Alex Killion's Dissertation Defense
Title: Coexisting with Wildlife in Shared Landscapes: An Interdisciplinary Assessment to Inform Conservation
Chair: Dr. Neil Carter
Dr. Jacob Allgeier (EEB)
Dr. Meha Jain
Dr. Derek Van Berkel
Sustainable development is exceedingly difficult when multiple priorities conflict with each other. For example, while expanding or intensifying agriculture to increase crop yields can increase food security worldwide, the associated land clearing and resource competition can lead to habitat loss and population declines of wildlife species. On the other hand, interactions between humans and wildlife, like large carnivores or elephants, can sometimes lead to risks to human safety (e.g., attacks on people) and livelihoods (e.g., livestock depredation or crop-raiding), thereby reducing support for wildlife conservation in those circumstances. Indeed, facilitating the sustainable coexistence of humans and wildlife in shared landscapes — areas where people and wildlife frequently co-occur — is a major conservation challenge globally because interventions often promote one goal at the expense of others, leading to counterproductive outcomes. The interface between humans and wildlife populations continues to expand, with humans encroaching into wildlife habitats, and in some cases, wildlife populations recovering and expanding back into portions of their historic ranges that are now occupied by dense human settlements. Therefore, finding solutions that generate benefits for both humans and wildlife, or co-benefits, is urgently needed.
This work aims to better understand and address the social and ecological complexities of human-wildlife coexistence by leveraging large spatial and temporal data to create actionable insights. This dissertation captures human and wildlife dynamics over time, synthesizes and assesses effectiveness of interventions across diverse contexts, and predicts change to better inform decisions in shared landscapes. My first two chapters address these issues from a bottom-up perspective, focusing on human perceptions and adaptations to change. In contrast, the final two chapters come from the top-down, relying on synoptic and aggregate measurements to identify processes and predict change at a landscape scale.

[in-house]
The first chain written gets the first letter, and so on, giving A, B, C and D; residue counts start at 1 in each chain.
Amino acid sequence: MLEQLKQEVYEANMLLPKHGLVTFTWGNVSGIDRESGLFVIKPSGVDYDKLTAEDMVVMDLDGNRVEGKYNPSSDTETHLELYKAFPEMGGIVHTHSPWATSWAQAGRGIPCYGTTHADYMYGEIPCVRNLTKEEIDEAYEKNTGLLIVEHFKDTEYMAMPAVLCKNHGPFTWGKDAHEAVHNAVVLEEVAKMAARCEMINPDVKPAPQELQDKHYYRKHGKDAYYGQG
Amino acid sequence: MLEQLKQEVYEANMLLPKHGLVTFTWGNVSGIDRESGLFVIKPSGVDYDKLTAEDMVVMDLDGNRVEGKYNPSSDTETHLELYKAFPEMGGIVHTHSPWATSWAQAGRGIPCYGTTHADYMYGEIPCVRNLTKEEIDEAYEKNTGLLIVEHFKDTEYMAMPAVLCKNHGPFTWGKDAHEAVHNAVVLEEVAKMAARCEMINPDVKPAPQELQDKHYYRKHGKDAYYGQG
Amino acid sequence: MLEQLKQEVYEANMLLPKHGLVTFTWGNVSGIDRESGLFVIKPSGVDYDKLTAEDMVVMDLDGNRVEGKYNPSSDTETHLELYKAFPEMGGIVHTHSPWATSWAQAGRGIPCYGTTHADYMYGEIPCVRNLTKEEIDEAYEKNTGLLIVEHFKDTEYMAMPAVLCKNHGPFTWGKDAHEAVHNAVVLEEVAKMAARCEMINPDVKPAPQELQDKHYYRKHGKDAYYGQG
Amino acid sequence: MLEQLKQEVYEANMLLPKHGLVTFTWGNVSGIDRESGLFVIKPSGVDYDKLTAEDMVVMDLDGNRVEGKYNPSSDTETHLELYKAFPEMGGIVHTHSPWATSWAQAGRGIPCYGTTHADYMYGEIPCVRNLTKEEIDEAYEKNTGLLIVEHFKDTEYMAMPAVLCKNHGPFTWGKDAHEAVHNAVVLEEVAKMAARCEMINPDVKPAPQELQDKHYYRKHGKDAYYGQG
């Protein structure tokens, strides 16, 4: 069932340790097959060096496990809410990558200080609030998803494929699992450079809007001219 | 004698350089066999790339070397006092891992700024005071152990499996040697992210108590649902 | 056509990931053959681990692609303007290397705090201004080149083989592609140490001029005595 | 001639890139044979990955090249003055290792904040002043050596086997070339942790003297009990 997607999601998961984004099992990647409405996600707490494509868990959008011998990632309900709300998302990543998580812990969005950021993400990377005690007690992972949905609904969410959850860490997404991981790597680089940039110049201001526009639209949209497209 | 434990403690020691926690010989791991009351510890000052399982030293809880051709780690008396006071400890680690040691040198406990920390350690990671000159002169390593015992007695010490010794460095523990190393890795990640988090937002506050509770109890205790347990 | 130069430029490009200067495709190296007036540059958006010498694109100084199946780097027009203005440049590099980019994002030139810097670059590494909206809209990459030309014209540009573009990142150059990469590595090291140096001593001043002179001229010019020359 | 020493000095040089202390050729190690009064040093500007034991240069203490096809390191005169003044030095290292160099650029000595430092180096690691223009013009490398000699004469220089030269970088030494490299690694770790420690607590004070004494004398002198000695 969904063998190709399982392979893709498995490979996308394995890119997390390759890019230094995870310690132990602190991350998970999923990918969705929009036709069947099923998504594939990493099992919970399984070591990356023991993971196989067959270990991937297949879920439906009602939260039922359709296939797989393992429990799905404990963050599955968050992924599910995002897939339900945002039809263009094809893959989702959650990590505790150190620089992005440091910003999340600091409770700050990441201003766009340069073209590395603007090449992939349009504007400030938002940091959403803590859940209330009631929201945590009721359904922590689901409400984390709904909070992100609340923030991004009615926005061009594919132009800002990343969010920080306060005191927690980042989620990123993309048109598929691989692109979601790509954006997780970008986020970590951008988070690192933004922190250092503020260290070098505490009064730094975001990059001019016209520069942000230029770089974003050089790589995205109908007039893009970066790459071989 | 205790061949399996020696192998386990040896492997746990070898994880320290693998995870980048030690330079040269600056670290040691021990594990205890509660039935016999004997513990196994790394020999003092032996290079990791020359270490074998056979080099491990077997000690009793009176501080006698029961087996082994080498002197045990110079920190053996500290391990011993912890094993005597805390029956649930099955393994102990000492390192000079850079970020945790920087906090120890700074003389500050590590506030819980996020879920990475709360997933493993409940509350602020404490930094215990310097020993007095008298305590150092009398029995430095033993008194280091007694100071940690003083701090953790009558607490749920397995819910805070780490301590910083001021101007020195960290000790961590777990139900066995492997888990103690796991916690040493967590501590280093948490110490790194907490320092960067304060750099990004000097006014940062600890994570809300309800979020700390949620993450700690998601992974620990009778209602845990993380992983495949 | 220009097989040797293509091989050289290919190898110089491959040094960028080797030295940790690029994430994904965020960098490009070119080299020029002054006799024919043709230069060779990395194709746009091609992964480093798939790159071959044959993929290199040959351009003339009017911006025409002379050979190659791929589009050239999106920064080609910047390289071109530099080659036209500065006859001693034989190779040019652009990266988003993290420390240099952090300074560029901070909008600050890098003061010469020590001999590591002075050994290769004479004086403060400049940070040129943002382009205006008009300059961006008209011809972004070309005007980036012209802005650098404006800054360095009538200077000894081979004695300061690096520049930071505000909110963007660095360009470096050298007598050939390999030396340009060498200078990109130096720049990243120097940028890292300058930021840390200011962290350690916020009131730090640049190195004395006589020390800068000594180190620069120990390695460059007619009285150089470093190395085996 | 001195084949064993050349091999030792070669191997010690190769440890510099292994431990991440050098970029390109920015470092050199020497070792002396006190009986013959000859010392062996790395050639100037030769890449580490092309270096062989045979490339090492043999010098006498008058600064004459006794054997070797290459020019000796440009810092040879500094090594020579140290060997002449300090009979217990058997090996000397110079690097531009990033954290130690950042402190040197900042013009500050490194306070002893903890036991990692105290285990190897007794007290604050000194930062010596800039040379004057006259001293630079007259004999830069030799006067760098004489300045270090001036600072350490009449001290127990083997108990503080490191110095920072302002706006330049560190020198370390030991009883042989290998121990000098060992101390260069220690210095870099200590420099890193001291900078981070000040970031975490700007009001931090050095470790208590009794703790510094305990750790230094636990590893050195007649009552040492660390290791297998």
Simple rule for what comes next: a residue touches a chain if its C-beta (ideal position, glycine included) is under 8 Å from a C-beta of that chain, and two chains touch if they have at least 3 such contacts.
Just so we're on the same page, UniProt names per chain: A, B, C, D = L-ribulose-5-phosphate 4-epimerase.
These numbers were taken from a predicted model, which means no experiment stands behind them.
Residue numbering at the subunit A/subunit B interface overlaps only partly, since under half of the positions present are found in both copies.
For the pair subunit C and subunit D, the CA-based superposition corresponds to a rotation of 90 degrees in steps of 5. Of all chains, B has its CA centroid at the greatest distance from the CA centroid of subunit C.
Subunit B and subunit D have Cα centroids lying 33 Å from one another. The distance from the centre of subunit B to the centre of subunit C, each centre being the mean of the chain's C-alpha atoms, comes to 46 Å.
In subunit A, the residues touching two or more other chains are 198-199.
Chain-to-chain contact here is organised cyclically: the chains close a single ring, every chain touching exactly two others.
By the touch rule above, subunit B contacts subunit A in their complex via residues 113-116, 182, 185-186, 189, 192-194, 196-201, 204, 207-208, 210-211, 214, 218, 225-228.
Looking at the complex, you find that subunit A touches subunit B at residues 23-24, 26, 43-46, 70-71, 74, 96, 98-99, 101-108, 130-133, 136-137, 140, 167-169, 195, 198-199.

In chapter one, I measure factors affecting the perceptions of the gray wolf (Canis lupus), a species that exemplifies human-wildlife conflict. Using Bayesian topic models, I track changes to wolf salience from local and national news outlets over 50 years, spanning numerous levels of wolf density and conflicting management policy. In chapter two, I conduct a global systematic review on the characteristics and effectiveness of human adaptations (e.g., lethal control) to wildlife-related risks. Random forest models indicate that the type of human adaptation is more important than any other factor, and identifies strategies capable of scaling across diverse contexts. In chapter three, I test the feasibility of new spaceborne data to measure 3D habitat structure and estimate wildlife occupancy. Results suggest that functional diversity indices of habitat structure provide different perspectives of wildlife habitat use compared to 2D variables. In chapter four, I look to the future to assess how livestock production can simultaneously reduce food insecurity and conserve wildlife in Sub-Saharan Africa. Using the Central African Republic as a case study, I generate spatial solutions for 2050 that prioritize livestock allocation targets to avoid co-occurrence with over 80% of wildlife ranges. While these four chapters differ in study location and purpose, they demonstrate the importance of capturing and integrating disparate social-ecological data across spatiotemporal scales to support the broad, multifaceted goal of coexistence in shared landscapes.